San Francisco, California notoriously has the major IXP on the 7th floor of 611 Folsom Street. One floor down is room 641A, labeled "SG3" for "Study Group 3", where the NSA captures traffic with a Narus STA 6400.

San Jose, California has MAE West on the 11th floor of 55 Market Street.

Los Angeles, California has the Any2 Exchange at One Wilshire. It is a major interconnection point for the Pacific Rim countries.

60 Hudson Street, New York, a major telecommunications point.  Over 100 telecommunications companies occupy a carrier hotel with a major meet-me room.

60 Hudson Street, the former Western Union Building and still a major telecommunications interconnection point.

New Jersey / New York

Tuckerton NJ and the surrounding area is the landing site for a number of cables to Europe, the Caribbean, and South America.

New York, New York has 60 Hudson Street, the former Western Union Building and its headquarters until 1973, and still a major world communications nexus. It's a carrier hotel with over 100 telecommunications companies interchanging Internet traffic. Another major carrier hotel is at 60 Broad Street, just off Wall Street.

See my page dedicated to the visible telecommunications infrastructure in Manhattan for more.

Virginia / Washington DC

Vienna, Virginia has MAE East at Suite 400, 8100 Boone Boulevard. It used to be in the corner of the parking garage.... That's just across Leesburg Pike from the Tysons Corner Shopping Center.

Ashburn VA has the Equinex IXP at 21830 UUNET Way.


Miami, Florida has the NAP of the Americas at 50 NE 9th Street. It's owned by Terramark and routes traffic between Latin American countries and handles about 90% of the traffic between North and South America.


Bridgeton, Missouri is the site of AT&T's Network Operations Center, at 12976 Hollenberg Drive.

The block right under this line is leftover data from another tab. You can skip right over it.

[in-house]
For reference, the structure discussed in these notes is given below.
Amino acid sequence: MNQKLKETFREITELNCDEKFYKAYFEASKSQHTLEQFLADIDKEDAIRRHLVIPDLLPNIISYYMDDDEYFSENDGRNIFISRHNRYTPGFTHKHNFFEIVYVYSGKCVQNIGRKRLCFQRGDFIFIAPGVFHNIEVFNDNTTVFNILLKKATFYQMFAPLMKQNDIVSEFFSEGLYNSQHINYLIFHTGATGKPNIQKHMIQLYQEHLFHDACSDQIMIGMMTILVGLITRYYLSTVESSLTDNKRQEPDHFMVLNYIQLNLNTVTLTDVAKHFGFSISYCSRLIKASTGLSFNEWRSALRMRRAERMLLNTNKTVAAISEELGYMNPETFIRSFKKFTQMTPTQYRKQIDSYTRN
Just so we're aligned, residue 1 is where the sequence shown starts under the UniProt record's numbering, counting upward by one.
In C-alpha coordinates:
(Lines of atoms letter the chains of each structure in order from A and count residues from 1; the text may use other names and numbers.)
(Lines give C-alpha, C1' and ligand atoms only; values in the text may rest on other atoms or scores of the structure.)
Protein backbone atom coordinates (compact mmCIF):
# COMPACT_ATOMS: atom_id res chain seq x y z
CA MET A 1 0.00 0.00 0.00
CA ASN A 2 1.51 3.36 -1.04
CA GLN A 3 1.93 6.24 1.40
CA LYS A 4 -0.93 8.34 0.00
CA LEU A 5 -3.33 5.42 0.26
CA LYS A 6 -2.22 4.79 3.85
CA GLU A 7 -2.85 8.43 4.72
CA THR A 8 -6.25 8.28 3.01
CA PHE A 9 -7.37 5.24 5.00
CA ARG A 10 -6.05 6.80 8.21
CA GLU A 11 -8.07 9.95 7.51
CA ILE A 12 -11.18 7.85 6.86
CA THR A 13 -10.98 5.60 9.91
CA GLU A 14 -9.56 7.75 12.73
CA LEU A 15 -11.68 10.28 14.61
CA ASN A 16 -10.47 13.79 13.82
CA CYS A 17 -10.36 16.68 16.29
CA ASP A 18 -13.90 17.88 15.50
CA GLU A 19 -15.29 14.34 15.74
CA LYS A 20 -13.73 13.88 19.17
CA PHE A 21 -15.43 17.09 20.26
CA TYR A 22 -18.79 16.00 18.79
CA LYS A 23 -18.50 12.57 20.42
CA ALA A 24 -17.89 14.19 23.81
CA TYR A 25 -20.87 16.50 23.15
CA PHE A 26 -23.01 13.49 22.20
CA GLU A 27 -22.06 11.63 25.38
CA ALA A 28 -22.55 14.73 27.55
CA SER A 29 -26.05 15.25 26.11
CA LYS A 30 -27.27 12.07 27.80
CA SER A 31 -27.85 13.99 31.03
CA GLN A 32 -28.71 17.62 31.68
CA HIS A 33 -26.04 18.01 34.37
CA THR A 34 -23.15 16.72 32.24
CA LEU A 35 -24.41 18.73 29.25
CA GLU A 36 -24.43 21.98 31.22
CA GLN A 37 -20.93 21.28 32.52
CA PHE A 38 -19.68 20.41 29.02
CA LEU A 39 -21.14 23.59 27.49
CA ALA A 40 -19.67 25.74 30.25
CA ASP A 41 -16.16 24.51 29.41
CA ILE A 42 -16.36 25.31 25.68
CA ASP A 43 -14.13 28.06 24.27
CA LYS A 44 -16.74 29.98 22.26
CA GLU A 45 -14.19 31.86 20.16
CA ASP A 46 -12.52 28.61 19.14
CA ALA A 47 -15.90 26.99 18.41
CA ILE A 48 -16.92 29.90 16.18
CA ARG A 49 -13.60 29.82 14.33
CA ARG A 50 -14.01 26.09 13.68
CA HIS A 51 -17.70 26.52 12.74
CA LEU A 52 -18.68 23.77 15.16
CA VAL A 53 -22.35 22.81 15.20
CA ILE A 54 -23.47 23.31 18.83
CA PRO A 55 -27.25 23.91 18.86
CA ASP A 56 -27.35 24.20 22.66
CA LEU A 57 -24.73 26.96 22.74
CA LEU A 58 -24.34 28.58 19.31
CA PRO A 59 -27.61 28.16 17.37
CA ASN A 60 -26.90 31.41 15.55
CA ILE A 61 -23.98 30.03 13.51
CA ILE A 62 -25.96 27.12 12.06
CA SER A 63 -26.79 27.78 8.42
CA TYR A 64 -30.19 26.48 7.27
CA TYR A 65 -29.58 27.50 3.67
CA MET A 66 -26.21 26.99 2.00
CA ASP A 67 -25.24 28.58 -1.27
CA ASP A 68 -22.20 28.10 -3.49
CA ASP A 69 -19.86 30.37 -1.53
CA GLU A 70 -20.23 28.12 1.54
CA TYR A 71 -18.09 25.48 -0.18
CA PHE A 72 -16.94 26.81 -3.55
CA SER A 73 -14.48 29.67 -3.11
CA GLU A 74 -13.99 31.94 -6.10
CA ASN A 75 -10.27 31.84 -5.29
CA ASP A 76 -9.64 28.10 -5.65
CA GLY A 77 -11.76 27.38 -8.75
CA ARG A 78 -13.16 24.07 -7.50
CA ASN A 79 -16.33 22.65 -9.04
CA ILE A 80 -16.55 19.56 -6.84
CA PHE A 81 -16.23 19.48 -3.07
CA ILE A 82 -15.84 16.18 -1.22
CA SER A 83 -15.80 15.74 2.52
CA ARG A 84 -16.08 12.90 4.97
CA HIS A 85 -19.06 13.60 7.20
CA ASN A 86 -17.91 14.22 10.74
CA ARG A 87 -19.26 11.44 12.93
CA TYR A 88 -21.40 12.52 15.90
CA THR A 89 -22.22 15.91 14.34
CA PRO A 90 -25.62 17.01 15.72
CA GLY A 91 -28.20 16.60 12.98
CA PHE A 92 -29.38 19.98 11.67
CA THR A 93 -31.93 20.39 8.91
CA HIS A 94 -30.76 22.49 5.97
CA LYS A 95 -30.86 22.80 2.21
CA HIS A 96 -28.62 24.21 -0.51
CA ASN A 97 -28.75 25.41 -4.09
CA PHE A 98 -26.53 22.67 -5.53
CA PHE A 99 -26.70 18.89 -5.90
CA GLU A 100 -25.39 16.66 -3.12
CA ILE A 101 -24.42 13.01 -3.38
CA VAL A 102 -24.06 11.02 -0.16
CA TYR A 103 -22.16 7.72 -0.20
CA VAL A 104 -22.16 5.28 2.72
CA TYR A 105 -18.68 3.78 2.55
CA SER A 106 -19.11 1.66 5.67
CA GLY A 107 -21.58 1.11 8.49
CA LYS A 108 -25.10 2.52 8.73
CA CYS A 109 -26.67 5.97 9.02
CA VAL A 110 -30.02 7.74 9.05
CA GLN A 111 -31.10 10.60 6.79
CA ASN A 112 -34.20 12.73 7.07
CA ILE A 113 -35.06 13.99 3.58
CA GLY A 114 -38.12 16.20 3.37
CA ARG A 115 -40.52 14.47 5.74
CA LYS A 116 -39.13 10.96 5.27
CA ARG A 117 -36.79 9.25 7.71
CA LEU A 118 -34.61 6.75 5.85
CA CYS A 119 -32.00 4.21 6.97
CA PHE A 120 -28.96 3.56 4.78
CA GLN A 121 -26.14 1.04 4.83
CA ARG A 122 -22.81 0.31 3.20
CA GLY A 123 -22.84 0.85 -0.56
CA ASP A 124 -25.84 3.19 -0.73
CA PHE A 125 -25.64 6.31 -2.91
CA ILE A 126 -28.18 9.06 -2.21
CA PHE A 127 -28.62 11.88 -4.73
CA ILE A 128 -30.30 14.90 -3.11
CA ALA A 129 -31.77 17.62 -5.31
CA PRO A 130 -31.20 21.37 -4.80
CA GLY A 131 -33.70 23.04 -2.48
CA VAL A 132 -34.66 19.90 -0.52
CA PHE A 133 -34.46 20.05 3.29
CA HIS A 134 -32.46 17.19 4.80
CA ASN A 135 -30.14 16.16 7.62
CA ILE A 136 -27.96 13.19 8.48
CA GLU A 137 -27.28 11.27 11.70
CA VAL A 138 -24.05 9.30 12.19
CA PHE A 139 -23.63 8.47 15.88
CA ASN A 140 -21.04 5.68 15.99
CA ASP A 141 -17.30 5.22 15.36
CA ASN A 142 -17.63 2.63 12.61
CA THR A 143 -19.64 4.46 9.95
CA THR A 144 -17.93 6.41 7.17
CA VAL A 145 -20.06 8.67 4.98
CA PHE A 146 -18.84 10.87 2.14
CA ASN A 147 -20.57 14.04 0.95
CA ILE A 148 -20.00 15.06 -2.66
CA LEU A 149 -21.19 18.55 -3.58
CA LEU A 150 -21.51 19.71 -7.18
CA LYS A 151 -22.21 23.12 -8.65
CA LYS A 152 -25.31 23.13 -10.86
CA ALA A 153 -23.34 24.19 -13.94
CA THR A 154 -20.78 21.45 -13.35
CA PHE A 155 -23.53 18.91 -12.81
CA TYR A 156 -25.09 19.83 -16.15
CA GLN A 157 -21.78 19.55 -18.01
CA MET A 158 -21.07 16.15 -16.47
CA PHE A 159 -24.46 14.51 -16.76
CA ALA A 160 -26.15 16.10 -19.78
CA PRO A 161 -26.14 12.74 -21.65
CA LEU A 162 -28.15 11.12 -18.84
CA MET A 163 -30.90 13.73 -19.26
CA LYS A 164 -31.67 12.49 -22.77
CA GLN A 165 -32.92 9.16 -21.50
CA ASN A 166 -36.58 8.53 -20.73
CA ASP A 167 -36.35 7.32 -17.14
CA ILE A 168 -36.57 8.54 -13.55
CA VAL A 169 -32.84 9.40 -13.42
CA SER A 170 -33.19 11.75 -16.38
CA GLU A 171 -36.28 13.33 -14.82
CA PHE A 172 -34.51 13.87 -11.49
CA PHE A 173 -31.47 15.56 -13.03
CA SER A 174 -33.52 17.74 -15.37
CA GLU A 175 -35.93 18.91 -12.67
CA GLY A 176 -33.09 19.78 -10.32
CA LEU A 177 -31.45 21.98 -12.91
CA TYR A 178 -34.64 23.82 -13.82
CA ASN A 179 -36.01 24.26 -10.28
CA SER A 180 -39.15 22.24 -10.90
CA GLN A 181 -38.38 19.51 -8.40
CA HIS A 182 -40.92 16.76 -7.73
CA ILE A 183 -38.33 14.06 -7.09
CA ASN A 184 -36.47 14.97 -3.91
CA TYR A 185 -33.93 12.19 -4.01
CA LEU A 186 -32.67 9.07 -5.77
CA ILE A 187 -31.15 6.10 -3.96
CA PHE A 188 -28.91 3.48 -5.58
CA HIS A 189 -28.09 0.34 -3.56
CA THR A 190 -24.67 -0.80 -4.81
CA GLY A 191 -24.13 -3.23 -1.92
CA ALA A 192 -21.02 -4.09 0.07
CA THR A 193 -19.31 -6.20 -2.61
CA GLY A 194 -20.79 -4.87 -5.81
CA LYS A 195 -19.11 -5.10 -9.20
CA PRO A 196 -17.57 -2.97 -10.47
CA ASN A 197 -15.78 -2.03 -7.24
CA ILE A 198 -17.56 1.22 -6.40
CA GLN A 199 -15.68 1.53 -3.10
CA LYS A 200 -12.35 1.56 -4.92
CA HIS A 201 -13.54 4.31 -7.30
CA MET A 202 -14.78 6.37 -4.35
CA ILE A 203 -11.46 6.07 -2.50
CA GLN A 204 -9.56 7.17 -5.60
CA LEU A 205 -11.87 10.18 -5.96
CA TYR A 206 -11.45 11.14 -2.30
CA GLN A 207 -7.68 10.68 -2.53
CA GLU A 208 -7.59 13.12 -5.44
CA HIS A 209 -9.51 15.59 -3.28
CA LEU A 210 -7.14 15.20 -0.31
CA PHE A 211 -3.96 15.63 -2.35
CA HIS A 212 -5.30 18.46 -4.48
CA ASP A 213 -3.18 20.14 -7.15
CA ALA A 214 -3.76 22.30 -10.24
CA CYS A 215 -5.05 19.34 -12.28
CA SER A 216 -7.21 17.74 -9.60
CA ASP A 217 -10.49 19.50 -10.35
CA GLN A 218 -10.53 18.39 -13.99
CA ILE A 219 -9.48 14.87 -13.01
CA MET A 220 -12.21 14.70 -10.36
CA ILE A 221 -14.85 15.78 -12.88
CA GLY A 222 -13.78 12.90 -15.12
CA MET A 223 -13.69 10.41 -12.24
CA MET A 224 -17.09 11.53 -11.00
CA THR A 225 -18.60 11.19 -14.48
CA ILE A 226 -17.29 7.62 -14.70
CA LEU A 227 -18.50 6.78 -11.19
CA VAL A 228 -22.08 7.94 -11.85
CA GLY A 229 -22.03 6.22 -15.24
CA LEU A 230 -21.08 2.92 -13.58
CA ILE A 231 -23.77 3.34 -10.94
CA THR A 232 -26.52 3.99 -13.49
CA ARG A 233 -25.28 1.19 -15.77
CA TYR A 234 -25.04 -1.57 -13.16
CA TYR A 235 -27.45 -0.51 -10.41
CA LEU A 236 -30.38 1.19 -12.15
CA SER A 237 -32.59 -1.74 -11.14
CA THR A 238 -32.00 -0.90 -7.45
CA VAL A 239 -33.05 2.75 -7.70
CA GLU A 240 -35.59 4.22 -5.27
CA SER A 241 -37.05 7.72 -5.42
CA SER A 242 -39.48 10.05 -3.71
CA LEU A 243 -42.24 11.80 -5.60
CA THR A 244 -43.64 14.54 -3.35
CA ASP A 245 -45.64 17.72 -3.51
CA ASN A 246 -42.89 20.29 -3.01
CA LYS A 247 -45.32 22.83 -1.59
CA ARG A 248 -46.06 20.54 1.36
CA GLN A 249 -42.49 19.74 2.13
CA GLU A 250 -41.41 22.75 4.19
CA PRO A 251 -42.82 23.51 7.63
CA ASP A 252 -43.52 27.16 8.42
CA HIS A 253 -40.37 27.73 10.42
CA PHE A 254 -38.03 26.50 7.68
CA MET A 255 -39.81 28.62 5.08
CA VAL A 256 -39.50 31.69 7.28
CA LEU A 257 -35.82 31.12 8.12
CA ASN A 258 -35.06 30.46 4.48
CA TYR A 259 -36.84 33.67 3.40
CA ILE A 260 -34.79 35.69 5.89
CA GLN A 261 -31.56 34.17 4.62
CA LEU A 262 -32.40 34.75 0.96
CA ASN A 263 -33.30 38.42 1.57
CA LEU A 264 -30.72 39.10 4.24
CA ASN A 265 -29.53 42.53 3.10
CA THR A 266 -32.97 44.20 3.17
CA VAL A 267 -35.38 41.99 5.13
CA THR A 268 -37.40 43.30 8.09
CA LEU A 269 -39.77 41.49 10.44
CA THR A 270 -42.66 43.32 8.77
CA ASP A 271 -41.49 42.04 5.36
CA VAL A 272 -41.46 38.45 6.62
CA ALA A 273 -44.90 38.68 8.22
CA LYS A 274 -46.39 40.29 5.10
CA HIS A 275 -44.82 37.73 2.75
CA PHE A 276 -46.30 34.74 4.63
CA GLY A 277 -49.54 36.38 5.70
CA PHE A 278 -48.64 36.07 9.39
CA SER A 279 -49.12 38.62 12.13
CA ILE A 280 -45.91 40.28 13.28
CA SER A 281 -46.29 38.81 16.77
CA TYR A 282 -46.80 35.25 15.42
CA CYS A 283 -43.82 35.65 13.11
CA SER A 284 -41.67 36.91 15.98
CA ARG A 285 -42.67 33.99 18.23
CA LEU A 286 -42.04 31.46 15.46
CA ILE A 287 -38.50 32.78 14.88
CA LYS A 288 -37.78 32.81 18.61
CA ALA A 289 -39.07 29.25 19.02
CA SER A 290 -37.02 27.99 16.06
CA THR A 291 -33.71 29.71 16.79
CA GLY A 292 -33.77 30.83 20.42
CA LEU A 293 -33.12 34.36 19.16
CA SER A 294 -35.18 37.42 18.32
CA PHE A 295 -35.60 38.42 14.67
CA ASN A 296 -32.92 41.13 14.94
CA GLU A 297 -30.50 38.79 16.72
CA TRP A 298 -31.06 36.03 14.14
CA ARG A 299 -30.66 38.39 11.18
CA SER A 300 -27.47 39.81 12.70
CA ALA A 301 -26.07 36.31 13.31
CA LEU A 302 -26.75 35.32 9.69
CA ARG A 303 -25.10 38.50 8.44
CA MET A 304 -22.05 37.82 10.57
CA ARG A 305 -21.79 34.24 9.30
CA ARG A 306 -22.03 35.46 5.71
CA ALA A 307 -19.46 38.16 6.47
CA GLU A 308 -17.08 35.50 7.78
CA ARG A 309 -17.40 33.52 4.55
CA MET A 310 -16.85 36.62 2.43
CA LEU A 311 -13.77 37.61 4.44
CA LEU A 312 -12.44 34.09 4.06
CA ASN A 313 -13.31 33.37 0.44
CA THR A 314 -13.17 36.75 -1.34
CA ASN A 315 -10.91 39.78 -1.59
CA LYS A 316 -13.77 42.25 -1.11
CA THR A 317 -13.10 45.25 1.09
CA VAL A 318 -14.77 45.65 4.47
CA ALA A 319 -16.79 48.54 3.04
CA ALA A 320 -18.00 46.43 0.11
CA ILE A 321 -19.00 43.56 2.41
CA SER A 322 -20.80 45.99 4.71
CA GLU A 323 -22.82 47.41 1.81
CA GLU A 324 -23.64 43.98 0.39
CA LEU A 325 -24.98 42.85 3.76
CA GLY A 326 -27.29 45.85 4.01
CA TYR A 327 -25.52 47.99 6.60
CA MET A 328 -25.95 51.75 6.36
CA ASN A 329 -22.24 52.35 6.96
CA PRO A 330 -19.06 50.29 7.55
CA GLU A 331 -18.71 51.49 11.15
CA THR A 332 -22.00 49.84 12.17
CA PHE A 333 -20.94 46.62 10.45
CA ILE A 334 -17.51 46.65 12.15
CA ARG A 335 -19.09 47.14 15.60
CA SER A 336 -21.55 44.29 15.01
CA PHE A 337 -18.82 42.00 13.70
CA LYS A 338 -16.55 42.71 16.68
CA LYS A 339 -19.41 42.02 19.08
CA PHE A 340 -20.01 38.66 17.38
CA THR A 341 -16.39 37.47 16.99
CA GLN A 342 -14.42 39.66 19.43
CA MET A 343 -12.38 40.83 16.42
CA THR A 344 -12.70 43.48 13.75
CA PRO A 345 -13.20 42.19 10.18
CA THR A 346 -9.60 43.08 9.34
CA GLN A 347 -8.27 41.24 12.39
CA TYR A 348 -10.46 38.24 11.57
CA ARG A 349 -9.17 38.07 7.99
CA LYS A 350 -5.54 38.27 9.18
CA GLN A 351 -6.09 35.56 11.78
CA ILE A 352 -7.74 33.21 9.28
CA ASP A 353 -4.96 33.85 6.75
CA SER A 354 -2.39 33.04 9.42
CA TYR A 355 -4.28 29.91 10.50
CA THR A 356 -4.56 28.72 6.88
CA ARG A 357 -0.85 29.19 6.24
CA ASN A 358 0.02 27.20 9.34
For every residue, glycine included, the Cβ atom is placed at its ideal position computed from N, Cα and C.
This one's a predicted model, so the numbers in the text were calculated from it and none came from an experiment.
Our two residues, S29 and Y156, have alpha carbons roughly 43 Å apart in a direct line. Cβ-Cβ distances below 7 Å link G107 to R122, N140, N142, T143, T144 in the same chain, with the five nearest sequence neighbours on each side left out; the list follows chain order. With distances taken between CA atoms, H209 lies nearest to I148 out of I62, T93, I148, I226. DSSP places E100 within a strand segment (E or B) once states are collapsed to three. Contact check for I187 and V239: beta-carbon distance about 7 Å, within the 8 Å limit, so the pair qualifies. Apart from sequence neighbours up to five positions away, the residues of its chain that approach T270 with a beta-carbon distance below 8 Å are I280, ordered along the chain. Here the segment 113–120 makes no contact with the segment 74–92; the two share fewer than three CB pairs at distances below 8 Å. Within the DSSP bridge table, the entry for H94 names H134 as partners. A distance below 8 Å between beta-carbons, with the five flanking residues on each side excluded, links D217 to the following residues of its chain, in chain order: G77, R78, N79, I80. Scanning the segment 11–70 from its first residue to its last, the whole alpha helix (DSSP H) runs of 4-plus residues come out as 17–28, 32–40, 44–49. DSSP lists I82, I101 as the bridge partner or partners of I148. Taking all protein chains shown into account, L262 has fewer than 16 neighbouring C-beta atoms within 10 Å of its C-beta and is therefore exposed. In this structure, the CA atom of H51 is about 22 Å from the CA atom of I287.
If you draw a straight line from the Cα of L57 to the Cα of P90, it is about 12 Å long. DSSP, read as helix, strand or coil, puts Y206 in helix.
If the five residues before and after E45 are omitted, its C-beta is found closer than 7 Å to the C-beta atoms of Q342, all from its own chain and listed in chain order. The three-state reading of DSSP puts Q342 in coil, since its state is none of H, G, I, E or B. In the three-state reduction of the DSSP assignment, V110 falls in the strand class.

There are many more, see these links for lists:

Frost forming on liquid nitrogen dewars on a corner of Broadway in the Financial District in lower Manhattan.

Frost forming on the cold dewar from which liquid nitrogen is being drawn.

Two liquid nitrogen dewars on a corner of Broadway in the Financial District in lower Manhattan.

Two liquid nitrogen dewars on the corner of Broadway and John Street on the edge of the Financial District in Lower Manhattan. Nitrogen is most efficiently stored and transported in liquid form. The red hose running across the sidewalk and down into the manhole provides a constant supply of dry nitrogen for the conduits carrying the many telecommunications circuits running underground.

This is the Verizon switching center on Charles Street at East Pleasant, in Baltimore, Maryland. You know that there has to be a fat pipe between here and the nearby Fort Meade.

Verizon telecommunications switching center, Charles Street at East Pleasant, Baltimore, Maryland, view looking south on Charles Street.
Verizon telecommunications switching center, Charles Street at East Pleasant, Baltimore, Maryland.
Verizon telecommunications switching center, Charles Street at East Pleasant, Baltimore, Maryland, view looking north on Charles Street.